- David Twomey
Volkswagen says it recognizes that these three brands have nearly 60 per cent of the 90,000 plus sales in the compact SUV market. And Managing Director , Jutta Dierks, says the VW Tiguan can take at least 5000 sales a year away from the Japanese brands.
VW cited the Nissan X-Trail, Toyota RAV4 and the Honda CR-V as direct competitors for the Tiguan.
Ms Dierks, speaking at the Australian launch of the Tiguan in the Blue Mountains outside Sydney said that VW would struggle to satisfy customer demand this year as the company only had an initial 750 diesel Tiguans available for sale.
She said that sales in 2009 would not be a problem as production for Australia had been “locked in”, but a decision to launch the car early as a result of diesel only models being available meant that supply would be short during the rest of 2008.
“We believe we have a very good car on our hands and it will take away from Japanese petrol sales by turning them to a European diesel.”
The Tiguan has been a huge sales success in Europe since its launch late last year and there is currently 60,000 order backlog for the vehicle.
CarAdvice is at the launch of the Tiguan but driving impressions will have to wait another day as we have only had the marketing and technical briefings so far.
However, we can say that the vehicle is impressive, starting at $33,990 for the six-speed manual petrol version with the 125kw TSi engine and rising to a range topping $42,90 for the 147kW with a six-speed automatic.
In between is the two models being initially launched the all-new 103kW common-rail TDi with either six-speed manual or six-speed automatic, priced at $35,990 and $38,290 respectively.
The vehicle comes with a range of class leading features including front, side and curtain airbags, stability control and a five star ANCAP safety rating.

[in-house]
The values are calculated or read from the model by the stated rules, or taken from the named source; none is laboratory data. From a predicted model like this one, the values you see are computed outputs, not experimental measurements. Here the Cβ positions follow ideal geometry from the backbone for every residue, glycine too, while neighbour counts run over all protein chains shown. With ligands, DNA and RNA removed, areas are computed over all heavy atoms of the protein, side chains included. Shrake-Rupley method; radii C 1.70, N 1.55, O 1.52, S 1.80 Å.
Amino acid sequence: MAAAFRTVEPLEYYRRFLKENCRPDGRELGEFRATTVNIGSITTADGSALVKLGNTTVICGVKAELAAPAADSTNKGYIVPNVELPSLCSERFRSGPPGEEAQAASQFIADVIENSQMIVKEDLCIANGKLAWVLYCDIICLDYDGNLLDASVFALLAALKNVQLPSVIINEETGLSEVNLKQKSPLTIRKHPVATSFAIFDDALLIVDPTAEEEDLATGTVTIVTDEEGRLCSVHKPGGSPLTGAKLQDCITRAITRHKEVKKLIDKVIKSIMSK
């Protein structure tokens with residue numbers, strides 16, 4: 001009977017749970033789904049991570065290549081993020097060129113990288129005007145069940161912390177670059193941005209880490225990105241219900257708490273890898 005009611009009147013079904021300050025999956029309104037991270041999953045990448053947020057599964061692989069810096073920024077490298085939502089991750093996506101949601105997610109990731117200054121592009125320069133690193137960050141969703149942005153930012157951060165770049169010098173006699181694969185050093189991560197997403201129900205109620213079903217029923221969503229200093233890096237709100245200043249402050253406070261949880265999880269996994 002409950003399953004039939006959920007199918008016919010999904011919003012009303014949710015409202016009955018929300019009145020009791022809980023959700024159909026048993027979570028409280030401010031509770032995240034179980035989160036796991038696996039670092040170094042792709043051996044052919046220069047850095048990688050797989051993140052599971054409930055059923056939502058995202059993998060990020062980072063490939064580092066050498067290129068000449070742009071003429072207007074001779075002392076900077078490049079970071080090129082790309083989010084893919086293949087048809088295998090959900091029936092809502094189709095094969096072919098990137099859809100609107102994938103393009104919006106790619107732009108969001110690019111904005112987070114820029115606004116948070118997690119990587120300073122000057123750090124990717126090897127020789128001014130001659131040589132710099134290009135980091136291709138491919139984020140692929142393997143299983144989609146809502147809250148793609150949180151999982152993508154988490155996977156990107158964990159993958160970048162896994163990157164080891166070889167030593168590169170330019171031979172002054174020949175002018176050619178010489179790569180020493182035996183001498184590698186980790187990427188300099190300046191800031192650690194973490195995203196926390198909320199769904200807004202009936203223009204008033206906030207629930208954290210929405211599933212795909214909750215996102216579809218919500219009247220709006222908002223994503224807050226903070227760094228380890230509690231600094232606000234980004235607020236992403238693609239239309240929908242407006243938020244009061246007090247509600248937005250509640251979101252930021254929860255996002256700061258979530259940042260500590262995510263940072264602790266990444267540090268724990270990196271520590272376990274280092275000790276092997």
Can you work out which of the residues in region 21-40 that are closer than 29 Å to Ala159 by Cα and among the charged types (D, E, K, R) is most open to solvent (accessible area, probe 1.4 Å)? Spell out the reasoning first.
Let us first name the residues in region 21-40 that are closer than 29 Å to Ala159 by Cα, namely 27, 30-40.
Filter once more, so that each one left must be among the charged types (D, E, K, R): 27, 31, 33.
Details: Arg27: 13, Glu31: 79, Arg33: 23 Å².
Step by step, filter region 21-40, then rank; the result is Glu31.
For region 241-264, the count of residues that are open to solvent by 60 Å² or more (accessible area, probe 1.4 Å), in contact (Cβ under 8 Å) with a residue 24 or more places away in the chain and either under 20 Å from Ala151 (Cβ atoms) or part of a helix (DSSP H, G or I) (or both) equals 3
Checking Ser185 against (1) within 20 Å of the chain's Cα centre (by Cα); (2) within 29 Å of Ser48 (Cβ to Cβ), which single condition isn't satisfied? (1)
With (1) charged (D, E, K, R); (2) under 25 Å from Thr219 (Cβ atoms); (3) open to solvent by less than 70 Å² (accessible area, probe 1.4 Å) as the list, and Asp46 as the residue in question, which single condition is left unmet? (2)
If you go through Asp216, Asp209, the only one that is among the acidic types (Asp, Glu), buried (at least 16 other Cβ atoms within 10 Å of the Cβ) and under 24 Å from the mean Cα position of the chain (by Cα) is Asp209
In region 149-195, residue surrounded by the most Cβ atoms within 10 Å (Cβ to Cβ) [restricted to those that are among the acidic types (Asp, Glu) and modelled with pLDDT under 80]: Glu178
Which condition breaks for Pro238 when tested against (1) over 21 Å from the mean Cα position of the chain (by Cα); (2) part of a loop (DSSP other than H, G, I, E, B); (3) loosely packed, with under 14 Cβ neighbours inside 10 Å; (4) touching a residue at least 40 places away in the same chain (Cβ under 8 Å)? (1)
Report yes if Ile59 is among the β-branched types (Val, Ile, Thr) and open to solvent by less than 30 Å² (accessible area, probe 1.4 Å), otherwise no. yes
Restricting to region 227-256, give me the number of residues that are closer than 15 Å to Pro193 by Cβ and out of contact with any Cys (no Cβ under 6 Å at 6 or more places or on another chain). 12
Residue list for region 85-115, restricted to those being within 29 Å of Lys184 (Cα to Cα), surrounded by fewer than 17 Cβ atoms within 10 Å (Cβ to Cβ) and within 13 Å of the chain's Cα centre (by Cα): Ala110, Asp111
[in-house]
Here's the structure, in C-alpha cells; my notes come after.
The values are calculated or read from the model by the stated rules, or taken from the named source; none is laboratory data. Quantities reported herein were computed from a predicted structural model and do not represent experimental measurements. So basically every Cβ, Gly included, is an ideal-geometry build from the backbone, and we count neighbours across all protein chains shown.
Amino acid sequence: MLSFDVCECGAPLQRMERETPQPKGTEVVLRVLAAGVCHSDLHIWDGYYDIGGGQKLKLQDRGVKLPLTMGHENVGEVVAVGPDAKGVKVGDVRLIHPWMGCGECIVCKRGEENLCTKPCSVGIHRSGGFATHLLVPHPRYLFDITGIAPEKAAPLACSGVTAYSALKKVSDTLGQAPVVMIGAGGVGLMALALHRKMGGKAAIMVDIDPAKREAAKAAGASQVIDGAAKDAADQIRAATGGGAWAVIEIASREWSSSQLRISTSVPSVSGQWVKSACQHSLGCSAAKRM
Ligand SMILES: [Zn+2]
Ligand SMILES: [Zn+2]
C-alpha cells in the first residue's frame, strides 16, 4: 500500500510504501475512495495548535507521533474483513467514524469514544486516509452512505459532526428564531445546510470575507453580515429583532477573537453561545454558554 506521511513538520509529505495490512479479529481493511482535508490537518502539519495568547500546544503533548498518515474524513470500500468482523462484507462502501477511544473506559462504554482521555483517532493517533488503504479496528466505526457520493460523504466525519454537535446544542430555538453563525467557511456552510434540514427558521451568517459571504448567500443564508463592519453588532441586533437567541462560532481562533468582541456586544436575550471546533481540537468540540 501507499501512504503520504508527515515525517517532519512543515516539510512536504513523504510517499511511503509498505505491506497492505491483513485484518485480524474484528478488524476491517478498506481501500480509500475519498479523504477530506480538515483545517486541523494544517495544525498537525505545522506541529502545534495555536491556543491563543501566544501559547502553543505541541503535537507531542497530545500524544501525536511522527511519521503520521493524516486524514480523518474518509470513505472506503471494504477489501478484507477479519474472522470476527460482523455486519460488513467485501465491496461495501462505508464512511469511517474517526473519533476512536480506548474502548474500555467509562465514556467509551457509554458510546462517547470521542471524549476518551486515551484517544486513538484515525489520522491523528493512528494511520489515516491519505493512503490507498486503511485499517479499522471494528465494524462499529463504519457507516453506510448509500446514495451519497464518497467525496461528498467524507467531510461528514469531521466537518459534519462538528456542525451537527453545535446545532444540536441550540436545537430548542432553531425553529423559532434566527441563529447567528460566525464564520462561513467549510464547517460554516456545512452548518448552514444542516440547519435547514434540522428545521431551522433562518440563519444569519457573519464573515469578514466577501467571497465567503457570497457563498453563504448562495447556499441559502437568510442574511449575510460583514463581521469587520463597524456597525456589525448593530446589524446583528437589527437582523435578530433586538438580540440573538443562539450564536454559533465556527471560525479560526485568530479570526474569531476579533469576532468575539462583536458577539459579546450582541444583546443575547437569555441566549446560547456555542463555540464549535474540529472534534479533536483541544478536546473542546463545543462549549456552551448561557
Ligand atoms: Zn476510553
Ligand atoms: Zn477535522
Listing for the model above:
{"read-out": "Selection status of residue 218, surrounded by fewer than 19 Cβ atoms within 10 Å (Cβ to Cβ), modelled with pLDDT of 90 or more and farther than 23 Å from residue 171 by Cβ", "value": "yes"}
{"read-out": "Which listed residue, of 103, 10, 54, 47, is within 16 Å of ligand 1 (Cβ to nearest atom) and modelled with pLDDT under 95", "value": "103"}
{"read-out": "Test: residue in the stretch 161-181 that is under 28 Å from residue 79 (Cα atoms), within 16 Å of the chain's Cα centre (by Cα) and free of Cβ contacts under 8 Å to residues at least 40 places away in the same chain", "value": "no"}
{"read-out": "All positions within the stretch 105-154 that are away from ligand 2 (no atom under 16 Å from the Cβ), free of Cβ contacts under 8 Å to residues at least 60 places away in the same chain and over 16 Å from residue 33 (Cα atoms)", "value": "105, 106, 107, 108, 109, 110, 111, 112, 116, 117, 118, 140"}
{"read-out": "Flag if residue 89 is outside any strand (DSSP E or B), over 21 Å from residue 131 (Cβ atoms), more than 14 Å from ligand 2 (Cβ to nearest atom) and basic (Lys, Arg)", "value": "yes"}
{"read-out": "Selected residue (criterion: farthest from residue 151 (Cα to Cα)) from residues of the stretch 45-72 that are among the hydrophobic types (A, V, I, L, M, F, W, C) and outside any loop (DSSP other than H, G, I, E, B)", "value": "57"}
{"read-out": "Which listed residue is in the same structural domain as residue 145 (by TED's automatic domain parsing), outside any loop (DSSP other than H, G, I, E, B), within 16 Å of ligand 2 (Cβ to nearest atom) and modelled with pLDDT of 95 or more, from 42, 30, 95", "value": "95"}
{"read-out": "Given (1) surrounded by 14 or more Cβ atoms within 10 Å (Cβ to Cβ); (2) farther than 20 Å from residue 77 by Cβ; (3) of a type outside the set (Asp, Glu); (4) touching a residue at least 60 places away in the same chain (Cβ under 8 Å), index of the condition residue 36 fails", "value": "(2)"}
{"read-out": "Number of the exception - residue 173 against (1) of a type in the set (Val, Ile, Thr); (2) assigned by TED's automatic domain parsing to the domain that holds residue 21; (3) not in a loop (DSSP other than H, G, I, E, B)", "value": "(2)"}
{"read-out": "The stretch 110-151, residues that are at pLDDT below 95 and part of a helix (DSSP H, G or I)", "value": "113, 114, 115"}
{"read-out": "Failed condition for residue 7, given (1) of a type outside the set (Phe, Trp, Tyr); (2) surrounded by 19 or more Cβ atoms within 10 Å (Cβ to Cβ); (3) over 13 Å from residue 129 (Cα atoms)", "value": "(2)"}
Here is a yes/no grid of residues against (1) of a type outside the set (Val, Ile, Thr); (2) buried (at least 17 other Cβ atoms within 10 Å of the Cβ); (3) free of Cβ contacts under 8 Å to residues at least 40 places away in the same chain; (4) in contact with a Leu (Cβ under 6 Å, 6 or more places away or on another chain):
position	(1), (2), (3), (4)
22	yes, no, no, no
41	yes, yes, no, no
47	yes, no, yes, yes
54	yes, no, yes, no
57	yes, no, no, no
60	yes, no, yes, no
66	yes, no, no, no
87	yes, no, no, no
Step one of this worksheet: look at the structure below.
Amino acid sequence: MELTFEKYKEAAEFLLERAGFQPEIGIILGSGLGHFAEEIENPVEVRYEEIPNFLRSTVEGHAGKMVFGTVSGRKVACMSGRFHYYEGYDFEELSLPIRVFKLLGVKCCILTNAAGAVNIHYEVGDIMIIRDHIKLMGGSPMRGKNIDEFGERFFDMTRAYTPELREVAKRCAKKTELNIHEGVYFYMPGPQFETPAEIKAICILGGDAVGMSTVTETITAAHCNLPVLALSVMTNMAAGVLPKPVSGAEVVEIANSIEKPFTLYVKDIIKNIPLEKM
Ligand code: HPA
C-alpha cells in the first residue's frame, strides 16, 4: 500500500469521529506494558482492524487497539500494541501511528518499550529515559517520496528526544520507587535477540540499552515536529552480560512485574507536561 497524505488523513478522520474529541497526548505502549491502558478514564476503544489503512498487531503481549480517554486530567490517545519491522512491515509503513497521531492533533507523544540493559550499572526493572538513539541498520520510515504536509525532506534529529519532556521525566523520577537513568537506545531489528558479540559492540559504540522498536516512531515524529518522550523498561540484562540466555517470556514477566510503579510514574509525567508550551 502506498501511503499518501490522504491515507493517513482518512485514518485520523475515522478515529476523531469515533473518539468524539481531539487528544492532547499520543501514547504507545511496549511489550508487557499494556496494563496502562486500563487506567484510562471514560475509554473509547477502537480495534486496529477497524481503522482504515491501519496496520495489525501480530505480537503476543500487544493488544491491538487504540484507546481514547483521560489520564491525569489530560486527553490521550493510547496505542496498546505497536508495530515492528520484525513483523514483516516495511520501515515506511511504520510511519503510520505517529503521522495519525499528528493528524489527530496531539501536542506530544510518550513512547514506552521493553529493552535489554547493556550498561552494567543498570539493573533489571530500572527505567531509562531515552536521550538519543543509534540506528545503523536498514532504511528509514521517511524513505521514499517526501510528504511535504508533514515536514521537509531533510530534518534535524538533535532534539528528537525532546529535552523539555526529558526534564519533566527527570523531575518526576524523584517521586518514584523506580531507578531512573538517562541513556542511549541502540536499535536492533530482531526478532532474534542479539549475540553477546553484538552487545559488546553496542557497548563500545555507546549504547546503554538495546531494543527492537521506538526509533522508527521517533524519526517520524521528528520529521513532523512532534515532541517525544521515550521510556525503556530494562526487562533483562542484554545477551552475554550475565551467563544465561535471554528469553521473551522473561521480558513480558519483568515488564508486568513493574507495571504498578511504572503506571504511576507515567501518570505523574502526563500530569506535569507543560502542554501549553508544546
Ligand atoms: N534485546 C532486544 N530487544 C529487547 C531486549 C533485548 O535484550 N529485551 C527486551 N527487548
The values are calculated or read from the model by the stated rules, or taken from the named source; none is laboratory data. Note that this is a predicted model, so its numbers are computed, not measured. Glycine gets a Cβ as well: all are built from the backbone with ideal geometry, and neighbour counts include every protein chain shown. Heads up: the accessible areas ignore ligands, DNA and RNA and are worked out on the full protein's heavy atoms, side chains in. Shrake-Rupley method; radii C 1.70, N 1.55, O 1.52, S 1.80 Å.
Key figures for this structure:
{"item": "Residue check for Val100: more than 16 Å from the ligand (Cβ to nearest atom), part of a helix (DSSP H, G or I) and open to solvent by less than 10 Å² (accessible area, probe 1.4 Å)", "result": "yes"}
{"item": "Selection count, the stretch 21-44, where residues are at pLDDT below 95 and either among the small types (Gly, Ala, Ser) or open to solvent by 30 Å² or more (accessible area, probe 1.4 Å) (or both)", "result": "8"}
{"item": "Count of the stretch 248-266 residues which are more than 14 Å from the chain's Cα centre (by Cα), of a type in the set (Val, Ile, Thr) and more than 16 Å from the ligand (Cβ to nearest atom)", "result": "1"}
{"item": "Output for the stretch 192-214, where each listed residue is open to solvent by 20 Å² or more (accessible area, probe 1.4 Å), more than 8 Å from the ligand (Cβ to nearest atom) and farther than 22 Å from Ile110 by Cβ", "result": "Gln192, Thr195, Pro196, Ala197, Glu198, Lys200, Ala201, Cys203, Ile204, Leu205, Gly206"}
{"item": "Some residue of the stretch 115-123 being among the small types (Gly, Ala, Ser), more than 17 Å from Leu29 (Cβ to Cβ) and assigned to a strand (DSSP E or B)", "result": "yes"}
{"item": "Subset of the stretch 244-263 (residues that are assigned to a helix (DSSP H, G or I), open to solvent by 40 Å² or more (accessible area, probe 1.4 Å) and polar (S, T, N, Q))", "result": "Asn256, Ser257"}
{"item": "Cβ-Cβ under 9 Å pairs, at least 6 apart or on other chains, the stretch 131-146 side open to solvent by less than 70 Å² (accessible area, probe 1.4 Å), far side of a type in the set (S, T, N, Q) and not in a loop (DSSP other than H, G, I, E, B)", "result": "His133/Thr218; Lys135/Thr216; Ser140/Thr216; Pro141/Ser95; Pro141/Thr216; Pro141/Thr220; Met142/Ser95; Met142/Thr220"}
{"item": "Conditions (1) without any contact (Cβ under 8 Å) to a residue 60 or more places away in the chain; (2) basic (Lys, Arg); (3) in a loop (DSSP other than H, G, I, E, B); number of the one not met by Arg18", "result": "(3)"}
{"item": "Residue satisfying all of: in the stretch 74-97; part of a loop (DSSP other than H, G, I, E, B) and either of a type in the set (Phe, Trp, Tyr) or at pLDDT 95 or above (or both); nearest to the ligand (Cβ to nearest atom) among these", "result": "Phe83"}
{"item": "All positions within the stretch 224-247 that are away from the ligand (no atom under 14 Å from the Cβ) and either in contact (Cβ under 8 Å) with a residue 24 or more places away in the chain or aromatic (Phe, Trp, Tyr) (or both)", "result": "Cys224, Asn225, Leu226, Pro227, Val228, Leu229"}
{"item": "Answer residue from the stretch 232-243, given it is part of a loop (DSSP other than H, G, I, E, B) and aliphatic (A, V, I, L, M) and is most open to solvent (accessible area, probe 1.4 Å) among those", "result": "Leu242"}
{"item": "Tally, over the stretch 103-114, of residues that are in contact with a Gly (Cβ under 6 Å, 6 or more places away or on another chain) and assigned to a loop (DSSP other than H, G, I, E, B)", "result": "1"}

Both the yet to be released petrol and the now available diesel engines are all-new and feature turbocharging across the range.
The common-rail TDi engines, like the petrol variants, are Euro 4 compliant and the diesel engines are also yet to be introduced Euro 5 compliant.
Ms Dierks said that she expected the Tiguan to become Volkswagen Group Australia’s second top selling model behind the Golf, which currently accounts for 11,000 sales a year.
“We see this vehicle as becoming a substantial player in our volume,” she said.“if you really want to become a significant volume player in the Australian market then you need to go into this SUV segment, as it is enormously popular in Australia.”
Commenting on the fact that VW had significantly built its volume on diesel engine sales and the escalating price of this fuel, she said that it was a growing concern.
“We are watching the price of diesel very closely and I have to say if it goes much higher then it may hurt our sales.”
Ms Dierks added that to date VW had not detected any buyer resistance as a result of the very high price of diesel fuel.
Curently this year VW is selling about 56 per cent of its vehicles with diesel engines.